Now that 12-speed road bike groupsets exist, cassettes can have a larger range and the jumps between each gear can be relatively small.
For example, at the lower end of the cassette, you can have as little as a one-tooth jump between the early cogs, and still have the range at the easier end. If you were running a 7- or 8-speed system, for example, in the same range, the jumps would be bigger.
Attitudes towards gearing have also changed – it’s no longer seen as a badge of pride to needlessly grind away at a lower cadence, and our knees are all the more happy for it.
Both Shimano and Campagnolo have stuck to pre-existing gear ratios in their transformations to 12-speed, and have used the additional cog as a means of bridging the gap between the bigger jumps of the cassette, so that the ratios are closer together. SRAM has gone down a different route (more on that in a moment).
Shimano’s latest R9200 is offered in 11-28, 11-30 and 11-34 options. These ratios also existed in Shimano’s 11-speed configurations, although it’s important to note that Dura-Ace R9100 did not have an 11-34 option.
Campagnolo offers an 11-29 option for all of its 12-speed groupsets, which was the largest range offered in its 11-speed ecosystem.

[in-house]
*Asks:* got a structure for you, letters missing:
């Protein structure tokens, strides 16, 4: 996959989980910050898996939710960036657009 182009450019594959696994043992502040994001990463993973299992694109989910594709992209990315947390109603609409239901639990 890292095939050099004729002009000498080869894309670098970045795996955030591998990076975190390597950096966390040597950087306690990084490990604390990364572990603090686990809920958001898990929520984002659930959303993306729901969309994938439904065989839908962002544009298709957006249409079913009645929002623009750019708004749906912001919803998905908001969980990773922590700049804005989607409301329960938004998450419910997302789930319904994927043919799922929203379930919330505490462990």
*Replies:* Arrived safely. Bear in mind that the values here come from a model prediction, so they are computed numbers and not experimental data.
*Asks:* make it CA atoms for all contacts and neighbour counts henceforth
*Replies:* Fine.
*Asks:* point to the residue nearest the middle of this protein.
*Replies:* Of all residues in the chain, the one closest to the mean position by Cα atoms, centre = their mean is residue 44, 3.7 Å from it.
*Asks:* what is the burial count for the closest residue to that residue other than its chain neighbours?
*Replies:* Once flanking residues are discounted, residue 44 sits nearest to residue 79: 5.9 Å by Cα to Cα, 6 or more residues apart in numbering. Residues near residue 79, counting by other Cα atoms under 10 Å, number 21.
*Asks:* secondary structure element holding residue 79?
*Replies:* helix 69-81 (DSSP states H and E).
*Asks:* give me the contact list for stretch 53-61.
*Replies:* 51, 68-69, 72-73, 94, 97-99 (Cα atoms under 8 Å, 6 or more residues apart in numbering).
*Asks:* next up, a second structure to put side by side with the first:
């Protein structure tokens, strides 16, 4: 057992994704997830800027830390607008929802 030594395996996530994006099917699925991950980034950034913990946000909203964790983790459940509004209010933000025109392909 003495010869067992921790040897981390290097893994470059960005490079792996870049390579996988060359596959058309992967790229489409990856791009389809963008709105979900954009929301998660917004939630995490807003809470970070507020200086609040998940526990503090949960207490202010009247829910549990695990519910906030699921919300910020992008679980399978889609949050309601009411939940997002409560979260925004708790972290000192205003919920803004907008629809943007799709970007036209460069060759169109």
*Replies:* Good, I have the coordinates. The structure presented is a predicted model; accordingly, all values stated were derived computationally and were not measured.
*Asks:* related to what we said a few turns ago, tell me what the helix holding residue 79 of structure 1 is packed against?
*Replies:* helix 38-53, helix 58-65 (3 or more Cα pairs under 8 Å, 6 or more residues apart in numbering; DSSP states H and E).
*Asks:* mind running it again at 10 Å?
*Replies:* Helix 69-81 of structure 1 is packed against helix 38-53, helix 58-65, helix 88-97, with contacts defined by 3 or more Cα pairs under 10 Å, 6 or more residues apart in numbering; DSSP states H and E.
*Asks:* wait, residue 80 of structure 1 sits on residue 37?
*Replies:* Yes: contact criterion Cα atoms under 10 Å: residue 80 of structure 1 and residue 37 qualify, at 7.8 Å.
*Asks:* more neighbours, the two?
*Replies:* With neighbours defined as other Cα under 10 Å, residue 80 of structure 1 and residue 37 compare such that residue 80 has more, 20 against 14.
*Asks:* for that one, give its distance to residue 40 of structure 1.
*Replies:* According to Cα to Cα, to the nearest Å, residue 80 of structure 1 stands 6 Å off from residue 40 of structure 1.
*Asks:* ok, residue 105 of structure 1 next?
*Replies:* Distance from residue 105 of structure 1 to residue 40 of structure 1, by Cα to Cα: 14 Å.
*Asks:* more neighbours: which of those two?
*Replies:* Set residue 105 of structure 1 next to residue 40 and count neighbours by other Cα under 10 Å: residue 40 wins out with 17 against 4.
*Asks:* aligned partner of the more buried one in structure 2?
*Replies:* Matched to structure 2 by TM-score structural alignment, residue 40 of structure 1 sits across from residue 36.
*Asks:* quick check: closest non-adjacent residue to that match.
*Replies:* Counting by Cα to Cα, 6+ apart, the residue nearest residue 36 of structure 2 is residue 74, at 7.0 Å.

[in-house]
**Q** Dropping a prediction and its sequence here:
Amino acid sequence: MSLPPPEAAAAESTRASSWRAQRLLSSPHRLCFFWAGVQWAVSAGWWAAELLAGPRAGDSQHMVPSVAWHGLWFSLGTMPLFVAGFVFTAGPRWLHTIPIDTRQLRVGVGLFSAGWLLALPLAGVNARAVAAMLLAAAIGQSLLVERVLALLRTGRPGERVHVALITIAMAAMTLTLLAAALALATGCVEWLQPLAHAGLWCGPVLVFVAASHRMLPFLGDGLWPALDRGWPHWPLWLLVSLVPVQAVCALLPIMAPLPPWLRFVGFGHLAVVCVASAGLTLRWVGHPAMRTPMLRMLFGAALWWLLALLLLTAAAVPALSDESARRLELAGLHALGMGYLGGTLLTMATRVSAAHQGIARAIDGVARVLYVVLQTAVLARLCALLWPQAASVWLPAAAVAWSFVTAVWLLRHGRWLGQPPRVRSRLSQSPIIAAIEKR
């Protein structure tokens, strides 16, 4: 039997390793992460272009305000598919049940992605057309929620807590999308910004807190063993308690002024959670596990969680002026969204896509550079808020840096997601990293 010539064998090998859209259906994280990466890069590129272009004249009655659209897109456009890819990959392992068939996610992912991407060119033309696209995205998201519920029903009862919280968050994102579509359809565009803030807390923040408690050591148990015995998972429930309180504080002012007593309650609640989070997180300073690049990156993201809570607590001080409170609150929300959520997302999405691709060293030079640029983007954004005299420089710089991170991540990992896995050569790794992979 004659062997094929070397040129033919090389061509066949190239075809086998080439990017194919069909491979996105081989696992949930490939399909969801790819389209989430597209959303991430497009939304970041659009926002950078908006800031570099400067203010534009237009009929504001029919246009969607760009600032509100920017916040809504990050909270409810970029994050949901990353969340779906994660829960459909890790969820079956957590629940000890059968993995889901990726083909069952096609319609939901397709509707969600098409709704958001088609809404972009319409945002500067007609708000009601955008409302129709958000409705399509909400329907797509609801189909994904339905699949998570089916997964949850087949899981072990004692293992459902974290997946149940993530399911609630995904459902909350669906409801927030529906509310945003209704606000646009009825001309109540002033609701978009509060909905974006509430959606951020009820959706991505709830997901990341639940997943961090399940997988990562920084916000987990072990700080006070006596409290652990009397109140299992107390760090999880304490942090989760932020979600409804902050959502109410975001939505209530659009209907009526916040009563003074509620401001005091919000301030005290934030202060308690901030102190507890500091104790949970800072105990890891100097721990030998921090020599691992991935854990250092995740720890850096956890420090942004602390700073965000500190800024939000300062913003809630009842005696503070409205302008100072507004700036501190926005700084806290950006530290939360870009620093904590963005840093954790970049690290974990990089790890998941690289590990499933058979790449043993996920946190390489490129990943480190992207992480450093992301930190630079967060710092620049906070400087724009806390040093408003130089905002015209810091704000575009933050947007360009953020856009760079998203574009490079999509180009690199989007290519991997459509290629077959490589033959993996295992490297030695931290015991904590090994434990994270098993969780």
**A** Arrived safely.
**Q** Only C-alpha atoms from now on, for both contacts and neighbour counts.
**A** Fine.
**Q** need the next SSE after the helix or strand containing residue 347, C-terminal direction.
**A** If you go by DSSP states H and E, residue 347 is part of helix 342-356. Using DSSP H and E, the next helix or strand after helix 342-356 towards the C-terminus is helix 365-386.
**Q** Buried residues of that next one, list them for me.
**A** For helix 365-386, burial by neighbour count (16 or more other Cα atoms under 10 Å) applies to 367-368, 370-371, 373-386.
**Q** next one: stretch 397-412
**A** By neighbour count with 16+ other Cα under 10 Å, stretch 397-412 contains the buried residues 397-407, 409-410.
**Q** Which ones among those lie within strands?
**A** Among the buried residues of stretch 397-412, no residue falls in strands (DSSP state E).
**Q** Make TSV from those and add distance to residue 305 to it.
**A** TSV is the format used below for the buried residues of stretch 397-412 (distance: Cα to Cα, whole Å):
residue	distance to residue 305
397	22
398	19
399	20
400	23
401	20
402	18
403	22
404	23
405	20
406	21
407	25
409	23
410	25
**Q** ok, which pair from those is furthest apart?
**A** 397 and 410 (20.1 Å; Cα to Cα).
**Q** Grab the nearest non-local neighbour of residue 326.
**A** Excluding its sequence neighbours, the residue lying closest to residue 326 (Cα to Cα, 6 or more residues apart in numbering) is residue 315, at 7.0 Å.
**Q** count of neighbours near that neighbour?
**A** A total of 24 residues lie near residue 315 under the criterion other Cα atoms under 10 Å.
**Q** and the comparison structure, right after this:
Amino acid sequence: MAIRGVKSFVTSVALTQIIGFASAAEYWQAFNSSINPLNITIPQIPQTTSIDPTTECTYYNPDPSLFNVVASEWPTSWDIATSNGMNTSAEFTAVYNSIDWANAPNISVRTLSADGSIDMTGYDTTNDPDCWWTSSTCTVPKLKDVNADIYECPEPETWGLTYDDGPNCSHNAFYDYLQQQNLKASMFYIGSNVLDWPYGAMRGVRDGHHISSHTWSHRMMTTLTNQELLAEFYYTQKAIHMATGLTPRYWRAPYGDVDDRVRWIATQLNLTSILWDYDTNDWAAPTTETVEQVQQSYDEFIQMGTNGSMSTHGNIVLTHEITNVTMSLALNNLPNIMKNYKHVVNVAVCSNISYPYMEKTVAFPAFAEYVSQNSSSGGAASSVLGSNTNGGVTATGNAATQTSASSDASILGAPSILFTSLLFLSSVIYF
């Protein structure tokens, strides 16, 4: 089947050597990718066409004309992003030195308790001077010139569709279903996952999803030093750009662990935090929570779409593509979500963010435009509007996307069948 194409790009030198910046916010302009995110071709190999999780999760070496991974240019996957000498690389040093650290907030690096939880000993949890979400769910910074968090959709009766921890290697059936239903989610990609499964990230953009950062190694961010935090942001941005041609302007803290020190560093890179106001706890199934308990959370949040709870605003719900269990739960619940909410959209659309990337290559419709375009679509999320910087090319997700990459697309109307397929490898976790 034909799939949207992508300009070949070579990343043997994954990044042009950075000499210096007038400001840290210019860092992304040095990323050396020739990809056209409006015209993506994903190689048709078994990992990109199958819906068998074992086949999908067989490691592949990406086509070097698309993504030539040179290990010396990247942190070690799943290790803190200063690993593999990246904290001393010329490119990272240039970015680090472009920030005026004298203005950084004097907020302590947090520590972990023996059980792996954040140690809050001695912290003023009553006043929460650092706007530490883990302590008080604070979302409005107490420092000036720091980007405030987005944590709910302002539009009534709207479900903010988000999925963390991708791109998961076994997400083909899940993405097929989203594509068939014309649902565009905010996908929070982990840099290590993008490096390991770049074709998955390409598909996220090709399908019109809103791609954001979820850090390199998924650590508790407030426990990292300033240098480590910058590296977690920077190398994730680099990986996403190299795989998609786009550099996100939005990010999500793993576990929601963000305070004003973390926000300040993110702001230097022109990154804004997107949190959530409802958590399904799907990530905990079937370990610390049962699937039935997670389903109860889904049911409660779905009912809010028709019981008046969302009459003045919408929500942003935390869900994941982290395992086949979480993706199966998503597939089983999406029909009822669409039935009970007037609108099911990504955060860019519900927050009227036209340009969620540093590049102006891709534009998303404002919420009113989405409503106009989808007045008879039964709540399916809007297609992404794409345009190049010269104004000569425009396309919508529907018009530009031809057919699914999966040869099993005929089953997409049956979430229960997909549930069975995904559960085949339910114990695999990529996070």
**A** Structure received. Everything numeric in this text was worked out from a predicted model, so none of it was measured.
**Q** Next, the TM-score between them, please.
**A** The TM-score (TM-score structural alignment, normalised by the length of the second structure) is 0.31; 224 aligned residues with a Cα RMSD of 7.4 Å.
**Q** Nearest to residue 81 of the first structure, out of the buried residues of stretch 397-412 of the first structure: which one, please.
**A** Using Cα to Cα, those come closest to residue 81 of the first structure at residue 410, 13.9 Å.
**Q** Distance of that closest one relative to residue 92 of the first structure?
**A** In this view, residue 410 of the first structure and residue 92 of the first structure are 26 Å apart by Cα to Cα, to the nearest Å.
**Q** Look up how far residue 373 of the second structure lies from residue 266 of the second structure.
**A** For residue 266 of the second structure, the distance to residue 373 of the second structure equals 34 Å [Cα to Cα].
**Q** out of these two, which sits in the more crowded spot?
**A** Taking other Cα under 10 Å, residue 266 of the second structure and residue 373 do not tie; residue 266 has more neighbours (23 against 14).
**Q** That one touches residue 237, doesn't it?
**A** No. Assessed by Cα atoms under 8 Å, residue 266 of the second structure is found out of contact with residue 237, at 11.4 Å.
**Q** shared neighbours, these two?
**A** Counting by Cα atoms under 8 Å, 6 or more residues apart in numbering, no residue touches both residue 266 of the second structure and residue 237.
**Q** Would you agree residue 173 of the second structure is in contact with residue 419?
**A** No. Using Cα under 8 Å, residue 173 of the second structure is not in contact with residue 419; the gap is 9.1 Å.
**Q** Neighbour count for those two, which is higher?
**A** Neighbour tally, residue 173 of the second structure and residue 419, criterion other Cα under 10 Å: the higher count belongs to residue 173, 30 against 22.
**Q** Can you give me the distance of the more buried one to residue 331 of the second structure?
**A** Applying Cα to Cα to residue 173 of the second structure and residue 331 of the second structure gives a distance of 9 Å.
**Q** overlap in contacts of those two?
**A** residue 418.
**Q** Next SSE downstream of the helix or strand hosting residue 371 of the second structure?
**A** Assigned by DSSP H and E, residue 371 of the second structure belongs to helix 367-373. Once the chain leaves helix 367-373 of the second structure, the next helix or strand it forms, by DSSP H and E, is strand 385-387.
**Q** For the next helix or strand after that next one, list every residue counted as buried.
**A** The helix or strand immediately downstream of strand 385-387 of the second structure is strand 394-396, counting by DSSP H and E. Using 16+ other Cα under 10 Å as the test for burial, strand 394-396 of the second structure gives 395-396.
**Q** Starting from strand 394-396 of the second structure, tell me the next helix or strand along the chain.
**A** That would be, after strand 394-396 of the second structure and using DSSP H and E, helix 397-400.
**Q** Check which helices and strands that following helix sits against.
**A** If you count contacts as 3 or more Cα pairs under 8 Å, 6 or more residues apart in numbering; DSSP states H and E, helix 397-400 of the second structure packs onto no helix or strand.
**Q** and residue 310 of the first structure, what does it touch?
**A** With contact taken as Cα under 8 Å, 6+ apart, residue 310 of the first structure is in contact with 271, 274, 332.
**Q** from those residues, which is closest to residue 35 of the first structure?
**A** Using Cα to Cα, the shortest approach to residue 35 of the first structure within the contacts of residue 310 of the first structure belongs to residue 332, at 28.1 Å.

In addition, there are now 11-32 cassette options across the board. There is also an 11-34 cassette, but that is only available and compatible with Chorus.
SRAM, on the other hand, has shaken up what we have come to understand as conventional gear ratios with its latest 12-speed eTap AXS groupsets.
Its addition of a 12th cog instead acts to increase the range of the cassette. SRAM road cassettes start from a smaller 10t (which requires the use of the XDR freehub body, which we’ll come onto later).
SRAM has also revamped its chainring sizes, that are smaller than convention at 50/37 (Red only), 48/35 and 46/33. This compares to the more conventional gear ratios of 53/39, 52/36 and 50/34.
SRAM cassettes are available in 10-26 (Red only), 10-28 (Force and Red only), 10-30 (Rival only), 10-33 (Force and Red only) and 10-36 (Rival and Force only).
Mountain bike cassettes
Mountain bike cassettes have similarly increased in size. This is largely down to the advent of 1x drivetrains – with no small inner ring for climbing in a 1x setup, cassettes need to offer a wider range in order for riders to be equipped with a suitable climbing gear.
Unlike road bikes, mountain bike cassette options are usually more limited.
Shimano offers just two cassette sizes in its 12-speed line-up – 10-45 (not available for Deore) and 10-51. The 10-51 option can only be used on a 1x setup, but the 10-45 can be used on either 1x or 2x systems.